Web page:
Nine patients who presented ictal myoclonias or clonic movements either on telemetry or in history had telemetry. Among these nine patients, such movements were seen on telemetry in seven patients and reported in the history of six patients. In four patients, jerking was recorded in the notes and confirmed by telemetry. In two patients jerks were described in the notes but not seen on telemetry. In three patients the jerks were present on telemetry but not reported in the history. In all four patients in whom jerks were reported in the notes and described by telemetry, both methods agreed on the laterality of jerks.

It therefore seems that medical history reliably reported presence and laterality of convulsive ictal signs although with lower sensitivity than telemetry. In only one instance was a discrepancy in laterality found.



Twenty one patients had unilateral focal or unilateral multifocal discharges in their preoperative interictal EEG, all of them lateralised to the operated side. One patient showed only a focal excess of slow activity with no epileptiform discharges in the right frontal area. This patient had a favourable surgical outcome. Interictal EEG findings were not predictive of surgical outcome (table4).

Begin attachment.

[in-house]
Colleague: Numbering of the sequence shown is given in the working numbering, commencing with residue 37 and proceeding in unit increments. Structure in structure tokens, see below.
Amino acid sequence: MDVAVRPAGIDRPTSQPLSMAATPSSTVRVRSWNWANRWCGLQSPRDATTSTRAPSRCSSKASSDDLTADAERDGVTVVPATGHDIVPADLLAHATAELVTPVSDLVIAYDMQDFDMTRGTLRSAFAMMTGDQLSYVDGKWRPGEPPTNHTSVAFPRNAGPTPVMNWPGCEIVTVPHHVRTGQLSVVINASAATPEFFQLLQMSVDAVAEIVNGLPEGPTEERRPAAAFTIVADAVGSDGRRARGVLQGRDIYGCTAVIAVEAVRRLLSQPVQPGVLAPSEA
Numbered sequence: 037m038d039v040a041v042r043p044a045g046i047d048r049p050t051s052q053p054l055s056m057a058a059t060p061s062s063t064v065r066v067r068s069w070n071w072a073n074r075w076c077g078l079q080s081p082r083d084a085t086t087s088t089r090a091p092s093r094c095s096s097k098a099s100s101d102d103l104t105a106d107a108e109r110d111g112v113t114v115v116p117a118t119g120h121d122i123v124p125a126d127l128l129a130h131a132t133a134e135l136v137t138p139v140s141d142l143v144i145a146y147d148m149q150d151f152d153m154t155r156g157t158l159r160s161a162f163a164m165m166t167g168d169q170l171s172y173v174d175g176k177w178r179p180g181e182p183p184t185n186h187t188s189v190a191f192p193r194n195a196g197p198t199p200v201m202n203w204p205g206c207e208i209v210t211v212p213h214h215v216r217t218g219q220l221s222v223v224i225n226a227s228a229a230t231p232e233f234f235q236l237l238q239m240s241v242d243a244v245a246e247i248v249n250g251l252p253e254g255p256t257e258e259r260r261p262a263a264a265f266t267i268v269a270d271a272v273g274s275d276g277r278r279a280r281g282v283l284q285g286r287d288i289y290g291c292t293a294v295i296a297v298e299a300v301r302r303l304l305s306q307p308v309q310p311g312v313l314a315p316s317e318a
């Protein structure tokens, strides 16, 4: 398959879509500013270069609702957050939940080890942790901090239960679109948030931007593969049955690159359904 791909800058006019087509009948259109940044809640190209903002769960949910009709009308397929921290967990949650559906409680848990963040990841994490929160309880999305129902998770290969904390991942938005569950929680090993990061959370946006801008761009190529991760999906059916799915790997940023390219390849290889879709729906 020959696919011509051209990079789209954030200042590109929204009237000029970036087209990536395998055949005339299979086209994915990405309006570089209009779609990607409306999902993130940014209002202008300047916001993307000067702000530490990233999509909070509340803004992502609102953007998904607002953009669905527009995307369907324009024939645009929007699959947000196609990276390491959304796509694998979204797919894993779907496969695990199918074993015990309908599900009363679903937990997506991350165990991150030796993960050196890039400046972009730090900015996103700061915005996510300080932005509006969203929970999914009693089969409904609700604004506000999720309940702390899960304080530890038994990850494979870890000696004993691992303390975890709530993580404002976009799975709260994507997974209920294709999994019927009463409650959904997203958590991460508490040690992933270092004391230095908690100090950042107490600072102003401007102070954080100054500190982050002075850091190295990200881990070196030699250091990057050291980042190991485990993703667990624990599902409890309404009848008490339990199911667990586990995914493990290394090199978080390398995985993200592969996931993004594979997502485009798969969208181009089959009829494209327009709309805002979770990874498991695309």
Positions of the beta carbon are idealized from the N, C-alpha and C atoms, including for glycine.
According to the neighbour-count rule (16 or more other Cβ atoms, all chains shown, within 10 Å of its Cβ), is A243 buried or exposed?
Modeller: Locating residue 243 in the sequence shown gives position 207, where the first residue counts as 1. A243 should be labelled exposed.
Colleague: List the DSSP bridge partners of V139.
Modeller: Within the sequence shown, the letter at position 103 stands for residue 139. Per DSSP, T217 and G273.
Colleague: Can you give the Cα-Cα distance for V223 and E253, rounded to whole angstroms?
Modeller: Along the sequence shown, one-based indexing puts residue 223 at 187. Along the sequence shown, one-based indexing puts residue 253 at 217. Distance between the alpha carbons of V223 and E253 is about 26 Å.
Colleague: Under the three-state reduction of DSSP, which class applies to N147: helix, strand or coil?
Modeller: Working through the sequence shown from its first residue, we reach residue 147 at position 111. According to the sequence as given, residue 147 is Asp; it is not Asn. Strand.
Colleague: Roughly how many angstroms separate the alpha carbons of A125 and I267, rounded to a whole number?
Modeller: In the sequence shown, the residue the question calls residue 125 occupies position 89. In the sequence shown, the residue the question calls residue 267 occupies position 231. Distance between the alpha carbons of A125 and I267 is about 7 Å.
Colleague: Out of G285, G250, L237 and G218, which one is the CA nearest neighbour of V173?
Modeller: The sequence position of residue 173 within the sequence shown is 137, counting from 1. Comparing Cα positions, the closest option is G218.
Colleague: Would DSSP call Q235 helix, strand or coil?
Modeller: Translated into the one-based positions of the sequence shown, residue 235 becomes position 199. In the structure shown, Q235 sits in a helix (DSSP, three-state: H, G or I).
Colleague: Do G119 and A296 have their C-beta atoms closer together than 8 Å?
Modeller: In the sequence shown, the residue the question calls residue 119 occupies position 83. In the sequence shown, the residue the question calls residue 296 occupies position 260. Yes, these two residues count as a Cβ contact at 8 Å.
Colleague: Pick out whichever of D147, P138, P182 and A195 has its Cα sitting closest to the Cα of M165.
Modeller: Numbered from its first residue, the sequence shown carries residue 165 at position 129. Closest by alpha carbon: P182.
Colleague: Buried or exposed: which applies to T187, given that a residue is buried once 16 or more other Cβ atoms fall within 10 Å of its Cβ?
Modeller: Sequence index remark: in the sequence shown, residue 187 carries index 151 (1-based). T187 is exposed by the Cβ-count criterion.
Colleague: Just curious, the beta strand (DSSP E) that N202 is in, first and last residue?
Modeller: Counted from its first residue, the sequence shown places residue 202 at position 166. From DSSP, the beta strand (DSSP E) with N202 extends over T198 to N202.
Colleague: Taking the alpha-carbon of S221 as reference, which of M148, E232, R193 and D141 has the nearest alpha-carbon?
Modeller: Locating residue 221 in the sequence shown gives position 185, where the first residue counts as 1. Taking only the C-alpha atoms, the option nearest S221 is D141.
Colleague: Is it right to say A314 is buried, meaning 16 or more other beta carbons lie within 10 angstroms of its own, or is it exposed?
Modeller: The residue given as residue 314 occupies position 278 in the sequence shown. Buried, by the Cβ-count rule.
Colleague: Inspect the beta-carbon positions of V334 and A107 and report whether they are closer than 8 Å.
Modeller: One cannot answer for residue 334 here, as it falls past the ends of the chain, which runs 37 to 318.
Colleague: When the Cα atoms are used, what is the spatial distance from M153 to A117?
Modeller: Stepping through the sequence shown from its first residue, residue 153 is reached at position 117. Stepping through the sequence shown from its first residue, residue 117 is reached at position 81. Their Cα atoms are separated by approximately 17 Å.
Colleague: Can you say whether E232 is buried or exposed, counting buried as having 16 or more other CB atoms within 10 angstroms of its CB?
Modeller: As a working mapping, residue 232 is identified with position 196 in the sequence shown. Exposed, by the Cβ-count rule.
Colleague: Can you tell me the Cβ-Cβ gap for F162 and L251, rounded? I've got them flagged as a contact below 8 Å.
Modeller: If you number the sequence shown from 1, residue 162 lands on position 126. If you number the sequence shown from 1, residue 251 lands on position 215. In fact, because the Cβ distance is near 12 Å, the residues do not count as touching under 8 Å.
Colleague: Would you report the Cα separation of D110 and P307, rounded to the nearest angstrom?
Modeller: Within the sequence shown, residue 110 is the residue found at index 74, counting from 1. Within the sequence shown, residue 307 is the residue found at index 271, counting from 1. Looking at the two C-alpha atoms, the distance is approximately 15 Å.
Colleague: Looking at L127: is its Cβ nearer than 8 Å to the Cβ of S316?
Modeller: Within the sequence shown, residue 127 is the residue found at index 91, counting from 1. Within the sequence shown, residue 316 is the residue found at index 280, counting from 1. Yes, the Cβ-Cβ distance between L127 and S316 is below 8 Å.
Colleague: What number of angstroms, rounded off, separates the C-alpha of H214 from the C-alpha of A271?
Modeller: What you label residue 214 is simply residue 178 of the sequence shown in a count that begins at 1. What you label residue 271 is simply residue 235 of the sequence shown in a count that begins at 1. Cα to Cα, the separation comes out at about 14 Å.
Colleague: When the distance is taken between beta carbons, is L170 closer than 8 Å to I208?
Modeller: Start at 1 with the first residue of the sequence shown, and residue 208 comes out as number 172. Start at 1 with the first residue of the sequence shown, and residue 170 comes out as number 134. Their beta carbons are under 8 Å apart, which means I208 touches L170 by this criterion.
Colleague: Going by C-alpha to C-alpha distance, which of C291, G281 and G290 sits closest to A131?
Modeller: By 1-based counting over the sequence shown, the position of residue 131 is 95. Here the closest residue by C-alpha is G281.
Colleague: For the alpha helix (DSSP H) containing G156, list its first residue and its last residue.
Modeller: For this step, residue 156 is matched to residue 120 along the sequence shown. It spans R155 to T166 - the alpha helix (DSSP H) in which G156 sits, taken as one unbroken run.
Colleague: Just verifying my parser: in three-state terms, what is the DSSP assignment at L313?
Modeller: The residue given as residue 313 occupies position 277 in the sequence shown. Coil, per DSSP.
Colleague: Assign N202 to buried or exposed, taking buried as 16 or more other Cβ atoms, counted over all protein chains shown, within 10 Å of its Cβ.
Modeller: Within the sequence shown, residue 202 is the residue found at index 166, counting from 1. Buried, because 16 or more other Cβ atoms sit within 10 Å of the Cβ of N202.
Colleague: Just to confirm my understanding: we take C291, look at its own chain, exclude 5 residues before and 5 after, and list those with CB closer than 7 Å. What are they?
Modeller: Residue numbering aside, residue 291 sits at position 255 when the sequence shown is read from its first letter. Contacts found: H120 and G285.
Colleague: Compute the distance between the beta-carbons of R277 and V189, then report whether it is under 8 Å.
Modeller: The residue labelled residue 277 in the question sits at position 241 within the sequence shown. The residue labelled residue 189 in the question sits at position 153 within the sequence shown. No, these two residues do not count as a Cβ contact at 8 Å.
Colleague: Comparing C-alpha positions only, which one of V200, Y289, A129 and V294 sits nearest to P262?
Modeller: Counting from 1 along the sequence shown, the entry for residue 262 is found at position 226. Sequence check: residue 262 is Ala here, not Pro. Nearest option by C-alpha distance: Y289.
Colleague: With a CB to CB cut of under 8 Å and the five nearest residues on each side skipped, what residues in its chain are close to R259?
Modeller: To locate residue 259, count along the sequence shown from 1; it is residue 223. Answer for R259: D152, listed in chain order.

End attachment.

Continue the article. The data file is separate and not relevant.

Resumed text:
Table 4

Relation between surgical outcome and epileptiform activity on interictal scalp EEG


Among the 15 patients with ictal EEG on telemetry, nine had intracranial recordings with subdural or intracerebral electrodes. Eleven patients (including nine with intracranial EEG recordings) had focal seizure onset. Five of them had a favourable outcome whereas six patients had a poor outcome. Three patients had bilateral and one patient had multifocal seizure onset and these four patients had poor outcome. Two of these four patients had a focal abnormality on neuroimaging (oligodendroglioma, scar secondary to an abcess), one had multiple unilateral abnormalities and one had normal neuroimaging.